Advocates Slam New U.S. Labor Rule as ‘License to Discriminate’ Against LGBTQ Workers

The rule was criticized as undermining a promise by President Donald Trump to protect LGBTQ workplace rights.

  • Published 16 August 2019

The U.S. Department of Labor in mid-August 2019 made public a proposed rule change that expands the field of employers who can use religion as a criterion for hiring and firing people while those employers still receive federal contracts. The proposal received harsh pushback from critics who say it will allow public dollars to be paid out to organizations that discriminate against members of the public.

Until now, the practice has been that, “If you want to work for the public, with public money, you have to be willing to employ the public,” Jennifer Pizer, law and policy director for Lambda Legal, an LGBTQ legal-advocacy organization, told The New York Times.

According to the Labor Department, the announcement by the Office of Federal Contract Compliance Programs (OFCCP), the agency’s civil rights division, is a rule change intended to protect the civil rights of employers. Per the agency, “The proposed rule would clarify that religious organizations may make employment decisions consistent with their sincerely held religious tenets and beliefs without fear of sanction by the federal government.”

We asked the department to clarify, and an agency spokesperson told us in an emailed statement that, “The exemption entitles an organization to take an applicant or employee’s religion into account when making employment decisions. It does not entitle an organization to take race, color, sex, sexual orientation, gender identity, national origin, disability, or veteran status into account.”

But advocates say the federal agency is protecting the religious rights of employers at the expense of their workers’ civil rights. Ian Thompson, senior legislative counsel for the American Civil Liberties Union (ACLU), said in a statement that the new rule was an effort to “license taxpayer-funded discrimination in the name of religion,” vowing a legal challenge.

“Nearly one-quarter of the employees in the U.S. work for an employer that has a contract with the federal government,” Thompson’s statement read. “We will work to stop this rule that seeks to undermine our civil rights protections and encourages discrimination in the workplace.”

Naomi Goldberg, policy research director of the LGBTQ advocacy think tank Movement Advancement Project, told The New York Times that the new rule could put in jeopardy workers who are unmarried and pregnant, “workers who may not be coreligionists or who can’t sign a statement of faith, unmarried cohabiting workers and L.G.B.T. workers.”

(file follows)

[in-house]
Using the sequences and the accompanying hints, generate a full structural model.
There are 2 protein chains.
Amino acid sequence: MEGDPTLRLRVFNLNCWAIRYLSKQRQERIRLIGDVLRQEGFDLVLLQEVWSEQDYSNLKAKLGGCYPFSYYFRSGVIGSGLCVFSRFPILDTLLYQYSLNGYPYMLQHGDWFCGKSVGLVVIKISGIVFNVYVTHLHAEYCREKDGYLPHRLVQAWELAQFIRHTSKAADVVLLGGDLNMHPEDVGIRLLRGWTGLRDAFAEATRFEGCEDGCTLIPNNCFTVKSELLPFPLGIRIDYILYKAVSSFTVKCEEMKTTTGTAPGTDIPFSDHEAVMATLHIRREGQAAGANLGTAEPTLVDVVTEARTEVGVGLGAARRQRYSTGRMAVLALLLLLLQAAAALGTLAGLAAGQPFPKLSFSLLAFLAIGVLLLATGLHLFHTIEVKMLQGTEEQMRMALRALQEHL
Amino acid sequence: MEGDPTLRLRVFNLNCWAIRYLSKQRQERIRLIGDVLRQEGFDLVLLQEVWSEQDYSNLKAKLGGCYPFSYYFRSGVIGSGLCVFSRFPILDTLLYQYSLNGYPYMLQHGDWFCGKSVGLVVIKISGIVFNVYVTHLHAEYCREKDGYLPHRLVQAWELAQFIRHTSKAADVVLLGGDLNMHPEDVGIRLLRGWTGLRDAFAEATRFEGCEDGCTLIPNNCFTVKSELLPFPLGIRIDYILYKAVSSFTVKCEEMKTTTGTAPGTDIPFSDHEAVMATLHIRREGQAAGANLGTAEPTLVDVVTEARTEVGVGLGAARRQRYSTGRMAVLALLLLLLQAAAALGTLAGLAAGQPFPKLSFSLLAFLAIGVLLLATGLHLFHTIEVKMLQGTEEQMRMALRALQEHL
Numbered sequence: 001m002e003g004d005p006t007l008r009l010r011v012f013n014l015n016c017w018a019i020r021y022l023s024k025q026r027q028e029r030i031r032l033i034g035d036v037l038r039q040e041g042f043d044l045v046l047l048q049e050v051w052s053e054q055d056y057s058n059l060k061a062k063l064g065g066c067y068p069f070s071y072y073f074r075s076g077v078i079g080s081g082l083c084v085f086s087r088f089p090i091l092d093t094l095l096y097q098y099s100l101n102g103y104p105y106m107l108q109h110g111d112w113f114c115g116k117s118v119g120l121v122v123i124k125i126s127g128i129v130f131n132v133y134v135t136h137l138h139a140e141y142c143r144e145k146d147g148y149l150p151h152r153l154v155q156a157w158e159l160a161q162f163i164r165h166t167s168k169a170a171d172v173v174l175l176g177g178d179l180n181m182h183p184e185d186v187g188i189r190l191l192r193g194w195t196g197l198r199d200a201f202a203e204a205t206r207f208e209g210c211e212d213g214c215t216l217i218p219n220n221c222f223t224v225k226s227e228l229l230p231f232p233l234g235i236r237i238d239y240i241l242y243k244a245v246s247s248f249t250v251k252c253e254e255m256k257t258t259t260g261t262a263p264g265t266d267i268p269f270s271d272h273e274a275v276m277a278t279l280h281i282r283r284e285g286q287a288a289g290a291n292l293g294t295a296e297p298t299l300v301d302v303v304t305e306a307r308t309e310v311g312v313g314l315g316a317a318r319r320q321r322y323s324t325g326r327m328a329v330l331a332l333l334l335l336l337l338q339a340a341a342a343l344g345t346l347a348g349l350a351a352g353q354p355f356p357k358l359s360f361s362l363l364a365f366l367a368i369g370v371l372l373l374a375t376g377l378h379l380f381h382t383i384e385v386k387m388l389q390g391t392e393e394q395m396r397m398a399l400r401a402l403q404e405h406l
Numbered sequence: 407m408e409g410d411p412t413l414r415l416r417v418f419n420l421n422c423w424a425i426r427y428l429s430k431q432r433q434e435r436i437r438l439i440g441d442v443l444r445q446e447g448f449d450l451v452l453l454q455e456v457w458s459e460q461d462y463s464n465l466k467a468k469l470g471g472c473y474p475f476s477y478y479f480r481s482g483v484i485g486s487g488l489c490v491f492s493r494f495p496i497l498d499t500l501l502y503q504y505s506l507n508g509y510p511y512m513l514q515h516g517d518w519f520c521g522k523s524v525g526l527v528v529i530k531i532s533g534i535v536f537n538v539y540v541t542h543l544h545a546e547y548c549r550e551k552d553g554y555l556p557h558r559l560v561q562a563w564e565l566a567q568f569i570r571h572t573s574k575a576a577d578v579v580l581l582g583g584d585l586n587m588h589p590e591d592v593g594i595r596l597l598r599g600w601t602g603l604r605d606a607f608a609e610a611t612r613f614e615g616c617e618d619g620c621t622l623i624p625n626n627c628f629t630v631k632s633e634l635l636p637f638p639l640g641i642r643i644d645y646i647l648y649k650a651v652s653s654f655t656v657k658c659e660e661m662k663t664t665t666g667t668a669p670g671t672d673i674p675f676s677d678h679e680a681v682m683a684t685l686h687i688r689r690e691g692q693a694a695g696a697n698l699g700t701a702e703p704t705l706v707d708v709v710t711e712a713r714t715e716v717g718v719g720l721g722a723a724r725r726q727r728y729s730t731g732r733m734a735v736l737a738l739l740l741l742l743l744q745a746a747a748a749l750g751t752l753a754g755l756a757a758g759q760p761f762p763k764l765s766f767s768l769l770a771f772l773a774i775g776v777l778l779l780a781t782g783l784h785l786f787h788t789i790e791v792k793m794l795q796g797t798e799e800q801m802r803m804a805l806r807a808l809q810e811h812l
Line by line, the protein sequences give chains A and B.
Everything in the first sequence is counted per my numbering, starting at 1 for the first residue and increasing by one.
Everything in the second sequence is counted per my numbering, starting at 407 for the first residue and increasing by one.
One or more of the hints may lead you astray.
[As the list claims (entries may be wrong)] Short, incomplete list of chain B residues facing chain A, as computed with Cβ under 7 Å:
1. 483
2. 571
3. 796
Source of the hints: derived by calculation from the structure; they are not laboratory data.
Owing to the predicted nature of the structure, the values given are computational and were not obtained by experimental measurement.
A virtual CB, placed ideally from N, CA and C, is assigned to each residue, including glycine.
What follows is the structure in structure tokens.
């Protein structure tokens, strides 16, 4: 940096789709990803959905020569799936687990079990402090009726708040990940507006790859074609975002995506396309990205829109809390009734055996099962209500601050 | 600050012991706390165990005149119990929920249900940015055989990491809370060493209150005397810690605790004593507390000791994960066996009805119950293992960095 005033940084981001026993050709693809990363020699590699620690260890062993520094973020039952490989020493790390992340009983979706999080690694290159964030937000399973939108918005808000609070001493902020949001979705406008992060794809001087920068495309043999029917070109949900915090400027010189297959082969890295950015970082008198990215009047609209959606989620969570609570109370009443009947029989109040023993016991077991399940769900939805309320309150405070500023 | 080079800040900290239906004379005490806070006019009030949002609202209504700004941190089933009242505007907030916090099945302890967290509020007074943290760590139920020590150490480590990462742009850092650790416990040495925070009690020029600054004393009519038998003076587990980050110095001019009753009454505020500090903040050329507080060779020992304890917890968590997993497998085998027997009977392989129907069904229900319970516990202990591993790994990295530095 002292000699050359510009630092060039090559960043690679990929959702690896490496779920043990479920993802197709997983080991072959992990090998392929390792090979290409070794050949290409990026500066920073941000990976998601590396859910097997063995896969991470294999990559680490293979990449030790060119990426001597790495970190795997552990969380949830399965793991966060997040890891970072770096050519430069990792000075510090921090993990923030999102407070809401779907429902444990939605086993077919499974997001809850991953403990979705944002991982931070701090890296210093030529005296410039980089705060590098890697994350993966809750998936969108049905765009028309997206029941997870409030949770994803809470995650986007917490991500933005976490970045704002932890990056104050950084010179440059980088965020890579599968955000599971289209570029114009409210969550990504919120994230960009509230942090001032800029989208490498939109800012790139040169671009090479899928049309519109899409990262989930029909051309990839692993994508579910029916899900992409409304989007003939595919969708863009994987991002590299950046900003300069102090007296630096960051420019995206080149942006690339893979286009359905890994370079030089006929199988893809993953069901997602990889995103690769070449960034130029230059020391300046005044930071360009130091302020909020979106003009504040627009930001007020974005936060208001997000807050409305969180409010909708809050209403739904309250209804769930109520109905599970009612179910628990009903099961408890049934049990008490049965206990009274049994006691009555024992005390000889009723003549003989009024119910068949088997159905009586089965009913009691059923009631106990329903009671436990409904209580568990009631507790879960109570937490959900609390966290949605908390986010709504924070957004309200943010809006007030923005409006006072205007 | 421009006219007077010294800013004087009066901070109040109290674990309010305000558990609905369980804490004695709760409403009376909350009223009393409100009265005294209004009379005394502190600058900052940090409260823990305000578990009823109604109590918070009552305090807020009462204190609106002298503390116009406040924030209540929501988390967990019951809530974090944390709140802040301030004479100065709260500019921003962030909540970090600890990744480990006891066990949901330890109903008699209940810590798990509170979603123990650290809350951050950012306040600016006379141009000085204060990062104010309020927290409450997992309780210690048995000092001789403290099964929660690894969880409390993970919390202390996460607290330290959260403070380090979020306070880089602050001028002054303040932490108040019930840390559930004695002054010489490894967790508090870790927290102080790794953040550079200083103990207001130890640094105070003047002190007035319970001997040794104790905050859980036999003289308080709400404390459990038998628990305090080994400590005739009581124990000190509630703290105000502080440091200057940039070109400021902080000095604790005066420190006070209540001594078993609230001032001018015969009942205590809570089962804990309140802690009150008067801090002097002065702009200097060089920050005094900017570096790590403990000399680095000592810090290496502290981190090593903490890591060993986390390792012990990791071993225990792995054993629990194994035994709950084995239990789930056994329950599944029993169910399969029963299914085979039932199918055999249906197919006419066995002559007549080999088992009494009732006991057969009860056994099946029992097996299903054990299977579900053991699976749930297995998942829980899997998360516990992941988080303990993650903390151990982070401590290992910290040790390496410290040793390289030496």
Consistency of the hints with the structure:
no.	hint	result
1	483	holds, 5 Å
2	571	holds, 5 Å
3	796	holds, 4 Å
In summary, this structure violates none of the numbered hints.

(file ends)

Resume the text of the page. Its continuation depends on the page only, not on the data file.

The Washington Blade, a news outlet that focuses on LGBTQ issues, reported that the proposed rule undermines a 2017 declaration by the Trump White House that it would leave in place a 2014 executive order by the preceding Obama administration that protects LGBTQ people from workplace discrimination.

Others agreed.

“With this proposed regulation, the Trump administration is seeking to gut existing protections for LGBTQ people, women, and religious minorities, and we cannot stand idly by,” Human Rights Campaign President Alphonso David said in a statement. “This regulation, which directly contradicts Trump’s earlier promise, is a broad and sweeping effort to implement a license to discriminate against people on the basis of their gender identity and sexual orientation.”

The public has 30 days to comment on the rule proposal after the date of publication. All comments must be submitted by Sept. 16, 2019.

Snopes.com
Since 1994
A Word to Our Loyal Readers

Support Snopes and make a difference for readers everywhere.

Editorial
  • David Mikkelson
  • Doreen Marchionni
  • David Emery
  • Bond Huberman
  • Jordan Liles
  • Alex Kasprak
  • Dan Evon
  • Dan MacGuill
  • Bethania Palma
  • Liz Donaldson
Operations
  • Vinny Green
  • Ryan Miller
  • Chris Reilly
  • Chad Ort
  • Elyssa Young

Most Snopes assignments begin when readers ask us, “Is this true?” Those tips launch our fact-checkers on sprints across a vast range of political, scientific, legal, historical, and visual information. We investigate as thoroughly and quickly as possible and relay what we learn. Then another question arrives, and the race starts again.

We do this work every day at no cost to you, but it is far from free to produce, and we cannot afford to slow down. To ensure Snopes endures — and grows to serve more readers — we need a different kind of tip: We need your financial support.

Support Snopes so we continue to pursue the facts — for you and anyone searching for answers.

Team Snopes